Accelerate Access to Data and Analytics With AI

Training employees how to locate and use data insights is a major Big Data bottleneck. A potential solution: AI systems that compress employees’ learning curves.

Even if businesses have made sizable investments in data and analytics, every employee doesn’t necessarily understand how to properly use that data. Learning enough to take advantage of those investments requires time and effort for each employee. While deep reservoirs of data may exist in the organization, the flow through individual employees may be more of a trickle than a cascade.

Artificial intelligence-based approaches may be able to help by enabling each employee everywhere to know what the organization overall knows somewhere.

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It's Time to Think Beyond Cloud Computing. | DigiTrans 2017

It's Time to Think Beyond Cloud Computing.

Fasten your harnesses, because the era of cloud computing’s giant data centers is about to be rear-ended by the age of self-driving cars. Here’s the problem: When a self-driving car has to make snap decisions, it needs answers fast. Even slight delays in updating road and weather conditions could mean longer travel times or dangerous errors. But those smart vehicles of the near-future don’t quite have the huge computing power to process the data necessary to avoid collisions, chat with nearby vehicles about optimizing traffic flow, and find the best routes that avoid gridlocked or washed-out roads. The logical source of that power lies in the massive server farms where hundreds of thousands of processors can churn out solutions. But that won’t work if the vehicles have to wait the 100 milliseconds or so it usually takes for information to travel each way to and from distant data centers. Cars, after all, move fast.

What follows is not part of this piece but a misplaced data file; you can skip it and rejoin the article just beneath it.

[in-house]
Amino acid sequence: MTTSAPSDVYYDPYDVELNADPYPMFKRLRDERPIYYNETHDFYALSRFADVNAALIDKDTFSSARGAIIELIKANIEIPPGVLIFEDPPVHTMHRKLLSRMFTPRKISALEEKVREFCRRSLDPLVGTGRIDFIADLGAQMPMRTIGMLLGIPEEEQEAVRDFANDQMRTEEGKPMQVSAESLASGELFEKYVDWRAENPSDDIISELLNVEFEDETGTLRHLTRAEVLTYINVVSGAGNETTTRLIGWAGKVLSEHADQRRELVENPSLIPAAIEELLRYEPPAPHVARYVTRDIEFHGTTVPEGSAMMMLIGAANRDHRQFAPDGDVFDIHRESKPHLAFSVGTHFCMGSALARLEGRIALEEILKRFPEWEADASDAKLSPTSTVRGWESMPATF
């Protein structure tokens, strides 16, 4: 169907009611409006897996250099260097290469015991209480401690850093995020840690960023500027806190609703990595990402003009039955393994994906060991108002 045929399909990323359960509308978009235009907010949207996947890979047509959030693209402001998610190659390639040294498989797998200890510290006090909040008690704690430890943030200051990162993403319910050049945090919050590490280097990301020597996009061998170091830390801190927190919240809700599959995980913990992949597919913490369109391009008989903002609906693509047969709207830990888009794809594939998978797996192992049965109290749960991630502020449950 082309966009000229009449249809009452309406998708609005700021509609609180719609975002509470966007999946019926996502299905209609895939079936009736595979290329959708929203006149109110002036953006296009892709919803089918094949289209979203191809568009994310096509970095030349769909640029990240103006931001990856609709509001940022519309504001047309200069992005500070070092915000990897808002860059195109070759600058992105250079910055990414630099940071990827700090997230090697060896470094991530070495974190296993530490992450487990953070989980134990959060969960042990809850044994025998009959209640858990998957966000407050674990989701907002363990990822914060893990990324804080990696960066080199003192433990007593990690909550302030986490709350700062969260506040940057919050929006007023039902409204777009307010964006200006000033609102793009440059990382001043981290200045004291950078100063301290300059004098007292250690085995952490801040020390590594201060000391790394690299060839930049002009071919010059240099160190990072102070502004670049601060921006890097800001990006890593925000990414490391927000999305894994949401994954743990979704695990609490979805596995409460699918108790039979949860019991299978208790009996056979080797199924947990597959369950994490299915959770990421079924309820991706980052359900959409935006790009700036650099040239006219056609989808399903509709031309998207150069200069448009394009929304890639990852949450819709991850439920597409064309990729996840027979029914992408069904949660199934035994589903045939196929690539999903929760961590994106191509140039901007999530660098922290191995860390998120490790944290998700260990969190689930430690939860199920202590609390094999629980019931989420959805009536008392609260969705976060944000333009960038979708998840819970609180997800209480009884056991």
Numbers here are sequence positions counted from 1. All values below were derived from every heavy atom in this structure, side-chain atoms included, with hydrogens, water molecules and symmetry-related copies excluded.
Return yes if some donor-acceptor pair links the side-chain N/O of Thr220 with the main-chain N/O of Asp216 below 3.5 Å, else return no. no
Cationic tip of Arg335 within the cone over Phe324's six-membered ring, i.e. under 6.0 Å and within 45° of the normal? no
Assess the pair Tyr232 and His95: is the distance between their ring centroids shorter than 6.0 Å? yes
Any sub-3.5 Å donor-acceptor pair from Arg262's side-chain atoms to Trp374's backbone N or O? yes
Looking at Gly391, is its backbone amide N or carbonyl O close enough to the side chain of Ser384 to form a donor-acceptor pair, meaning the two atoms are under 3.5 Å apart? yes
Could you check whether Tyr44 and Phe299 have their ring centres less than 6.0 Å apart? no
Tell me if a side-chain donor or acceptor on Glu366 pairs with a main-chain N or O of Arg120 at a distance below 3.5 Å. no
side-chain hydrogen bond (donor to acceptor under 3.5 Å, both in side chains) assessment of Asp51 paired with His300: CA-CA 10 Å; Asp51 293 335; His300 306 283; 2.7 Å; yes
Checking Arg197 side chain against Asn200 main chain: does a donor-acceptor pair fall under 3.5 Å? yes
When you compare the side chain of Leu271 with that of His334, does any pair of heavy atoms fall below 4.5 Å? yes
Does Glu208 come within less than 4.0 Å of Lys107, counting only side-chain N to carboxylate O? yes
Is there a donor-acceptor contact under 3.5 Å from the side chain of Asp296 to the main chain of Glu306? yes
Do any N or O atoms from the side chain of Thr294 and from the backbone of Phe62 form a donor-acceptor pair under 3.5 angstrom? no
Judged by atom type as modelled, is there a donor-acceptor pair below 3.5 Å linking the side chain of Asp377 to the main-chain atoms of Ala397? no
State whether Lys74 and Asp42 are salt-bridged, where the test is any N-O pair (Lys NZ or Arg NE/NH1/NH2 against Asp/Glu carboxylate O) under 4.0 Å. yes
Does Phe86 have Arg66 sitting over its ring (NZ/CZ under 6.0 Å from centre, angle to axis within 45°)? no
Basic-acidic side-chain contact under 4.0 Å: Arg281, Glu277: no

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The Four Ways to Manage Digital Talent and Why Two of Them Don’t Work | DigiTrans 2017